Limited Liability Partnership
A limited liability partnership, or LLP, is a legal entity where partners are not personally liable for the debts of the partnership but will be limited to liability for their own personal wrongdoings.
A general partnership can become a limited liability partnership upon approval and vote, subject to the partnership agreement to amend the business structure. If the written agreement does not state how the partnership may be amended, then a unanimous vote of all the partners is required to approve becoming an LLP.
Upon approval of becoming an LLP, the partnership must file a statement of qualification and annual reports detailing their yearly income tax with the secretary of state.
Limited Liability Company
A limited liability company is a hybrid business entity that has an income tax structure like a partnership but can operate as a partnership, corporation, or even like a self-proprietorship. The owners of the new business are called members and have limited personal liability similar to that of shareholders within a corporation. There is no requirement as to the number of members a limited liability company can have, but at least one member must file a certificate of organization papers subject to the state law with the secretary of state.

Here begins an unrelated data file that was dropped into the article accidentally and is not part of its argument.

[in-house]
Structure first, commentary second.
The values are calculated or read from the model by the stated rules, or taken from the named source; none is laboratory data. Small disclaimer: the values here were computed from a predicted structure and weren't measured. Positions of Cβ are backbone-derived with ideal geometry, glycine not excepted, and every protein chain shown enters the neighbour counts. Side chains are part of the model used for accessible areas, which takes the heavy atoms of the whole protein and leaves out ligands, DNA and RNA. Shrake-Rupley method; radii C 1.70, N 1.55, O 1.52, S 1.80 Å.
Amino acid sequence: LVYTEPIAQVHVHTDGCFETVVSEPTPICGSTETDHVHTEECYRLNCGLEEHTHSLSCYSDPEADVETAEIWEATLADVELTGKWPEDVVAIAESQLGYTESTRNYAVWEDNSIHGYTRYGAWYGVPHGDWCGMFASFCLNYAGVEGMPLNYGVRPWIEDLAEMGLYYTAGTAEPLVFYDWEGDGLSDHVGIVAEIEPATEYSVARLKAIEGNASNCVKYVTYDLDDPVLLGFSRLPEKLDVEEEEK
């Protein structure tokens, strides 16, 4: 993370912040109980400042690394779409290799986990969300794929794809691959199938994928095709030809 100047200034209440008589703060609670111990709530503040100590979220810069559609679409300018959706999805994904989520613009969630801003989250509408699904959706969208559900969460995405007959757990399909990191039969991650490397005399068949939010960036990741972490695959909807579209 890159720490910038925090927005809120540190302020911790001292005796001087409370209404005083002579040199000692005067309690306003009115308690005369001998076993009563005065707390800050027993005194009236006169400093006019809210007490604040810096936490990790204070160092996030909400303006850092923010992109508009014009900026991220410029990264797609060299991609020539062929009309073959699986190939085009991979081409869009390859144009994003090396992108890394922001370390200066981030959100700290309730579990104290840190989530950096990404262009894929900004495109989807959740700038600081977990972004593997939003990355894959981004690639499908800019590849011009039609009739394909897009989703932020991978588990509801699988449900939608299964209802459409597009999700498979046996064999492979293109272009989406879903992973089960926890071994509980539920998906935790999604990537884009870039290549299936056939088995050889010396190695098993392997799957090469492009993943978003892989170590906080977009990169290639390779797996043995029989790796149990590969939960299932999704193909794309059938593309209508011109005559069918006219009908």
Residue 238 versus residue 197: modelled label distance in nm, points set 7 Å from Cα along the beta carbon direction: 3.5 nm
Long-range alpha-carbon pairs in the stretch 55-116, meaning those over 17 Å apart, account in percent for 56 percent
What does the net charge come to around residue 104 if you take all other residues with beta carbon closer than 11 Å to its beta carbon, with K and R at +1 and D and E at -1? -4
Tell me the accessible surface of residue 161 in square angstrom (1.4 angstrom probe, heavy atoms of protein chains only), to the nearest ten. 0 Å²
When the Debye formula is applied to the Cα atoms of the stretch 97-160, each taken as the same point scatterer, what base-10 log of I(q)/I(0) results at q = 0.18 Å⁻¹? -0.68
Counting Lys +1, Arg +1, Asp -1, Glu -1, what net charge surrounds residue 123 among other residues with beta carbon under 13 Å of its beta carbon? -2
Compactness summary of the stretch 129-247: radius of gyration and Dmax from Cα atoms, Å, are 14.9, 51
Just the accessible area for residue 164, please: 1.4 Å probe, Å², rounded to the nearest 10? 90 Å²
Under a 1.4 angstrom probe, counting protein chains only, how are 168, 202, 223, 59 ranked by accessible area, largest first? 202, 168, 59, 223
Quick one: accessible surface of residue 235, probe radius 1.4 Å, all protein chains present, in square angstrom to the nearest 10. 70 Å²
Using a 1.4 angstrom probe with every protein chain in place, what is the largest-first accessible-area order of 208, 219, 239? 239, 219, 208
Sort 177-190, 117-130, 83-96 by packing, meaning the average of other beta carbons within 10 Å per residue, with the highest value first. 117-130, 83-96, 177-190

What Are Business Partner Fiduciary Responsibilities?
All partners have fiduciary duties, or legal and ethical responsibilities, to the partnership. Those responsibilities include:
- duty of care
- duty of loyalty
- duty of good faith and fair dealing
The duty of care involves refraining from negligent, reckless, or unlawful conduct in connection with the business.